“I met him fifteen years ago. I was told there was nothing left. No reason, no conscience, no understanding; even the most rudimentary sense of life or death, good or evil, right or wrong. I met this six-year-old child, with this blank, pale, emotionless face and, the blackest eyes… the devil’s eyes. I spent eight years trying to reach him, and then another seven trying to keep him locked up because I realized that what was living behind that boy’s eyes was purely and simply… evil.” – Dr. Loomis, Halloween
Jake: I almost exclusively watch asian horror, but: Gozu, Antichrist, Enter The Void, Noroi, Marebito, Pumpkinhead (only the first one), Dark Water.
“Nature is satan’s church.” – Charlotte, Antichrist.
Can you describe your most emotionally moving moment involving music? Or, the moment of live music that has had the greatest impact on you?
Drew: The one time I saw AFI and they closed with “God Called in Sick Today” was unreal. Seeing Danzig Legacy last year and getting to see Samhain and all the Misfits songs I grew up on was incredible. Got real blood spit on me at a Watain show once, that was pretty wild too.
Tom: I flew to Miami in early 2009 for Ultra Music Festival. I saw The Prodigy there after having been a fan of them since Fat of the Land came out when I was really young. Probably the best show I’ve ever seen, completely worth it. That was also the first time I saw Tiesto, and the whole festival was just amazing. I also saw Metallica on my 20th birthday. Again, such a legendary band and I’d never seen them live before. I’ve also seen AFI a few times, twice at the Summerfest Grounds in Milwaukee, and both of those times I waited many, many hours at the front of the stage through all of the opening bands, and both times it rained. Heavily. For Hours. Of course when they finally played, it was completely worth every second of waiting and every drop of rain. I’ve seen Shiny Toy Guns ten times now, as well. Great band live. Also, Lada Gaga and Nero are both fantastic live spectacles.
Jake: Converge, live in portland several years ago. Before playing ‘forsaken’, Bannon explained that the song was about the murder of a childhood friend. The expressions on his face during the performance were indescribable and will stay with me forever.
Some are saying this is the greatest era to exist as a musician, others say it’s the worst, what has your experience been like?
Drew: Both. Mainstream music went from real songs and bands to boring production and utterly mindless shit. Every genre you can think of is over saturated with mediocre bands. At the same time, however, there are no limits anymore, and if there’s something that can be done musically, it’s only a matter of time til someone tries it. Being the obsessive music freak I am, I find that amazing. Never stop creating.
Tom: The YouTube era is a blessing and a curse. The ease and accessibility of everything is very, very nice. Unfortunately, since everyone now has access to all the necessary tools, there is an incredible flood of shit in the world of art in all forms, and you have to wade through more of it than ever before in order to find the gems. Everyone with a digital camera is a photographer and a filmmaker, everyone with a cracked DAW is a producer, and everyone whose mom got them a Traktor Kontrol and a MacBook for Christmas became a DJ as soon as they heard David Guetta.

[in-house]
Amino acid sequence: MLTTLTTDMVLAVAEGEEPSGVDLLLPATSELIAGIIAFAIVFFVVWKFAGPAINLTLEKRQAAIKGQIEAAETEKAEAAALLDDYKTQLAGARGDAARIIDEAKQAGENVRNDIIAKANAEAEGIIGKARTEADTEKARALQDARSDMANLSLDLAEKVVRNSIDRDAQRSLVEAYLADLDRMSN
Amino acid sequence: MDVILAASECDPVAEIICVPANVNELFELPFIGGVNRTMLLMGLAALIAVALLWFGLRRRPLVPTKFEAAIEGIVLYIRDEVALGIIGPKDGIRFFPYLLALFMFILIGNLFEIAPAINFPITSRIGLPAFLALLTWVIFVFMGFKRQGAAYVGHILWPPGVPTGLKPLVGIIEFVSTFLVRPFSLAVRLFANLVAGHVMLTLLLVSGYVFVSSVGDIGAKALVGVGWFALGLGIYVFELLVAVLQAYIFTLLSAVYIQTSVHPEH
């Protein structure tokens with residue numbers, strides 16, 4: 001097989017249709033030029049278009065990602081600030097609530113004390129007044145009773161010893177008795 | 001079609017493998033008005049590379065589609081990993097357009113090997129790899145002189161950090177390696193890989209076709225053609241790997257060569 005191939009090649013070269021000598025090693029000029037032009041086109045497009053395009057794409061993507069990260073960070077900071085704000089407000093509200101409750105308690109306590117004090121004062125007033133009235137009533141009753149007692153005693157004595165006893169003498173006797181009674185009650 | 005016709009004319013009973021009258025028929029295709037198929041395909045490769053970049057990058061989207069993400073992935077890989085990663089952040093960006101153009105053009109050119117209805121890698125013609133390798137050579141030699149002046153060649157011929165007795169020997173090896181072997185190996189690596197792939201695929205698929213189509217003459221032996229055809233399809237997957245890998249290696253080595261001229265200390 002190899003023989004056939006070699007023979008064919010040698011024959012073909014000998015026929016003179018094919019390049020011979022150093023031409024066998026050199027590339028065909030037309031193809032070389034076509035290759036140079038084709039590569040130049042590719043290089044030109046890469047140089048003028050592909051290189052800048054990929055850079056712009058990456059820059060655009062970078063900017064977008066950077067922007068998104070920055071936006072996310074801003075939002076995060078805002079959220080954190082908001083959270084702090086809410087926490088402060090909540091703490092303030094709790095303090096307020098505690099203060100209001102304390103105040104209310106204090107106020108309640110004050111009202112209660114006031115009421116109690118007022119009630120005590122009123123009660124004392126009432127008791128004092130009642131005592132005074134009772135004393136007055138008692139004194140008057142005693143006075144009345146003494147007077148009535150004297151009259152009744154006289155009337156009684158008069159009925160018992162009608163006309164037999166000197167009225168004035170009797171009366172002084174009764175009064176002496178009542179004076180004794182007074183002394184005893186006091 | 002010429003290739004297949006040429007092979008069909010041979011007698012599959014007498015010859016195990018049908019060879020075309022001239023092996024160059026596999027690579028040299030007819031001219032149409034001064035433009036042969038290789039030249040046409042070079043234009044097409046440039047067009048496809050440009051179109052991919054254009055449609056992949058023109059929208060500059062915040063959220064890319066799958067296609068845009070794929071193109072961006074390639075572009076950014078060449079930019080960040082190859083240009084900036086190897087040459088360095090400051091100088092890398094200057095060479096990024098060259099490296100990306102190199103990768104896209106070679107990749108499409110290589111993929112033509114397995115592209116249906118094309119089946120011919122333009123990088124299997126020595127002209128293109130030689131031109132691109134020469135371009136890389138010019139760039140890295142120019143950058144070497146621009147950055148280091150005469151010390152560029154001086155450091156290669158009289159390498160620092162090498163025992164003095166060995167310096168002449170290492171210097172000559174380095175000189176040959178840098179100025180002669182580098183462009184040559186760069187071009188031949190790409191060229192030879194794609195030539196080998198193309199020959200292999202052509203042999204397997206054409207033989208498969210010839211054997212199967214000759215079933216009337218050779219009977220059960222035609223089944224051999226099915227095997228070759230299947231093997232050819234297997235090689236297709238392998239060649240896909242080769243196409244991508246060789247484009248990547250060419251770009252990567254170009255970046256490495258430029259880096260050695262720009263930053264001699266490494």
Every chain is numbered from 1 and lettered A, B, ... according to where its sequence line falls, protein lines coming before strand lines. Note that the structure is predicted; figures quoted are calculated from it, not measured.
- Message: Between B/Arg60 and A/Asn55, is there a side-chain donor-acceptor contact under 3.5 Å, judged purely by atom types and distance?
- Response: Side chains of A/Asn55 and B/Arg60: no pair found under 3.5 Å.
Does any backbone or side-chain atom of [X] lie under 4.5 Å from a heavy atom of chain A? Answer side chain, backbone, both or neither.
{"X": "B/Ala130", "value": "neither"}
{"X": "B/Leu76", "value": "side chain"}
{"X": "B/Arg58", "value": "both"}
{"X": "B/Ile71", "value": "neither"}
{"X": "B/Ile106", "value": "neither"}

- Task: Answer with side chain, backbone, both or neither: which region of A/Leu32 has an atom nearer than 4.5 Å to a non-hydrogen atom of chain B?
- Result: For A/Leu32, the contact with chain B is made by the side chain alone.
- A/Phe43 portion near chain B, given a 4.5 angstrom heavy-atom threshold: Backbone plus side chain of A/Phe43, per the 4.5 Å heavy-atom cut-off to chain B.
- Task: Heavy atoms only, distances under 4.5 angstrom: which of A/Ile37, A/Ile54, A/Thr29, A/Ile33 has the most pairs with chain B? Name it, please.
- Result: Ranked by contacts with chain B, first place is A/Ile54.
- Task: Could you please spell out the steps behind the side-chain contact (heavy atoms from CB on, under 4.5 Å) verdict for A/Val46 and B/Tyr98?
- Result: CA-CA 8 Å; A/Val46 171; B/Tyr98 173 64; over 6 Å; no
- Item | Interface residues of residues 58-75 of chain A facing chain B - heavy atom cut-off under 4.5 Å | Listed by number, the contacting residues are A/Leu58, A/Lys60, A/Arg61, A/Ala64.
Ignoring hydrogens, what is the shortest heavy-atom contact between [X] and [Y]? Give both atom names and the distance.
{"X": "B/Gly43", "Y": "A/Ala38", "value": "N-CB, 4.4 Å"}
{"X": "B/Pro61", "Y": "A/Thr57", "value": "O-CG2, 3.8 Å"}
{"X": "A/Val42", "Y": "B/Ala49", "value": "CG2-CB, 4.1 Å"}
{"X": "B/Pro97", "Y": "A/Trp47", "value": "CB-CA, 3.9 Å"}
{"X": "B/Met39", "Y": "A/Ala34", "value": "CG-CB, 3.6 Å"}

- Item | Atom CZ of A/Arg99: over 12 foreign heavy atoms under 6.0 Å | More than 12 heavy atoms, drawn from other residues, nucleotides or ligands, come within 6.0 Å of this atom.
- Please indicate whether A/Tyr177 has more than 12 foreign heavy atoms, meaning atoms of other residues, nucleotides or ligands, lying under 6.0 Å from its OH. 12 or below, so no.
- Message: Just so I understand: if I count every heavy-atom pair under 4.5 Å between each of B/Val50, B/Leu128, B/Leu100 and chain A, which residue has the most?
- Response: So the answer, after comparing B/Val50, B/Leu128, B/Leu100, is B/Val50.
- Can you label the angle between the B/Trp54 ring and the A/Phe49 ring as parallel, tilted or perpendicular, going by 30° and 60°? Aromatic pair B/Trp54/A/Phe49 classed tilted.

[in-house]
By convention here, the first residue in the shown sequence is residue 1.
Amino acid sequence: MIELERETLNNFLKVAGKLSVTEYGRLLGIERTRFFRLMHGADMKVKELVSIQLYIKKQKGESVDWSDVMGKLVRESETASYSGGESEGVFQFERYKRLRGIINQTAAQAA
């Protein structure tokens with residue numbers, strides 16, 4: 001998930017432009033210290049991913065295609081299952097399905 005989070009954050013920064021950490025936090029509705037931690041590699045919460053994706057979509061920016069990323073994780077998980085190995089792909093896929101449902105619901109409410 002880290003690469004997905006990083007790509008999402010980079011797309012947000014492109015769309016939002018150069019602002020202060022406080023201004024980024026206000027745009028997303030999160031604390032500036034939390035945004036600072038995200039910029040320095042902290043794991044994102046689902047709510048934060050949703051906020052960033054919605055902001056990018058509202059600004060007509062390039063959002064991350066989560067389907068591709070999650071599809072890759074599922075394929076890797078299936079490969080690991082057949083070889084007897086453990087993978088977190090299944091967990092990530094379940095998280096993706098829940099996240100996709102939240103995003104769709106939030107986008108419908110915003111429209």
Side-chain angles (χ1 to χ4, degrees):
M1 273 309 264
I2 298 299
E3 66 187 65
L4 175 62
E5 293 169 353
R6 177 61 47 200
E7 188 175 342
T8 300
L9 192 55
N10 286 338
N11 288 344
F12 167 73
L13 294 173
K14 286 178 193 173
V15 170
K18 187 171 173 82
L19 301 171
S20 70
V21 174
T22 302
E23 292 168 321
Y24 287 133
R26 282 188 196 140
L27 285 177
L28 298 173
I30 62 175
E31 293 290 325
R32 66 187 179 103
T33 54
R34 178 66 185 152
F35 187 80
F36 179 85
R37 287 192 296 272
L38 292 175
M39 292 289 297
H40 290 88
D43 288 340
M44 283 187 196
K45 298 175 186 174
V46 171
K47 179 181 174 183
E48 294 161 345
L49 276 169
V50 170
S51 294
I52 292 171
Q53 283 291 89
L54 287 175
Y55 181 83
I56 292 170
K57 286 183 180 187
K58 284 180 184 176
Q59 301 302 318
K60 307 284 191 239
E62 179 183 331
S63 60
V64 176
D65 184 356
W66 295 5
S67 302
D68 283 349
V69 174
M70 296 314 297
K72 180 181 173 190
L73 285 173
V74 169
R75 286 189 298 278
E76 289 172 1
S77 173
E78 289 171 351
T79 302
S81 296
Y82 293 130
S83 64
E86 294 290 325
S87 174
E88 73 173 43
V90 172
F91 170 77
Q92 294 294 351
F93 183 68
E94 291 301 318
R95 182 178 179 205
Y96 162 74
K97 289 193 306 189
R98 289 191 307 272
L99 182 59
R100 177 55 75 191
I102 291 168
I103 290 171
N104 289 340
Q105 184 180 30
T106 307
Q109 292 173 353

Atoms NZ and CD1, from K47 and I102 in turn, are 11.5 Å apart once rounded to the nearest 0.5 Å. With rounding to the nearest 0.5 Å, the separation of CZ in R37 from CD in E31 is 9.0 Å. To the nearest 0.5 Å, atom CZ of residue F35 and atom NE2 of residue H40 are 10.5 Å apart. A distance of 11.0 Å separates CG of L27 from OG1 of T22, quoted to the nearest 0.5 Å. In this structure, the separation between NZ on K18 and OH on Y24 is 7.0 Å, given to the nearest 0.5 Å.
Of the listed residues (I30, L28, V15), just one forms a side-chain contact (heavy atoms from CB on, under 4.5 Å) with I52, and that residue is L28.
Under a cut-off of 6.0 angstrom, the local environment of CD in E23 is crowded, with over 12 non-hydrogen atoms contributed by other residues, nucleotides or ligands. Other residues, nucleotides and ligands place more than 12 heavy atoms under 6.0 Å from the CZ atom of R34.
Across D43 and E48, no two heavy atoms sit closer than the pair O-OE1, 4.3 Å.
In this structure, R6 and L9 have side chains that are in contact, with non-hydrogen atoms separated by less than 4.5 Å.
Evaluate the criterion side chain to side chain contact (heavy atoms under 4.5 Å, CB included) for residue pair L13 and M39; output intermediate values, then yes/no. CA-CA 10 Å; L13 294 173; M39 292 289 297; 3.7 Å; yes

Jake: I’m more of a fan than a musician, I’m not gonna sit around and bash the internet media era because we wouldn’t even be making this type of shit if it weren’t for the internet, I’m unsure if it would even exist in its current incarnation. I am 100% for this, money is not a desire of mine, and I’ve always been a little grossed out by musicians who care about it more than expressing themselves. My life has been bettered to such an excessive degree by being able to listen to anything I want, any time I want.
Have you ever been to a psychic, would you be willing to share that experience if so?
Drew: I’ve never been to a “professional”, but my old step mom was very in tune with her psychic abilities. She would do tarot readings and scrying, sometimes predict weird, often small events. Receive visits and talk to the spirit of her deceased brother. Blow out light bulbs when she was mad haha. I learned a lot from her, and I’ve been studying ways to sharpen my abilities in that field.
Tom: I’ve never been to a psychic or anything like that. I’ve never really bought into it.
Jake: No I have not, but I’m a firm believer in the paranormal and always will be.
Do you feel things happen for a reason, do you have an experience that would be evidence of this?
Drew: I never know how I feel about this. Sometimes, I’d like to think they do. Then I remember just how chaotic and insane the world really is and I think it all comes down to your will and how you use it. “Do what thou wilt…”
Tom: I believe that absolutely nothing happens for a reason, other than the obvious. No grand scheme, no big plans. Just chaos and what you make of it.
Jake: I’m a staunch nihilist. I believe that nothing happens for any particular reason, but I’m very adamant about having a ‘zero regret’ state of mind because without the past, the things that make up the foundation of your happiness in the present might not exist, everything you love about yourself might not exist.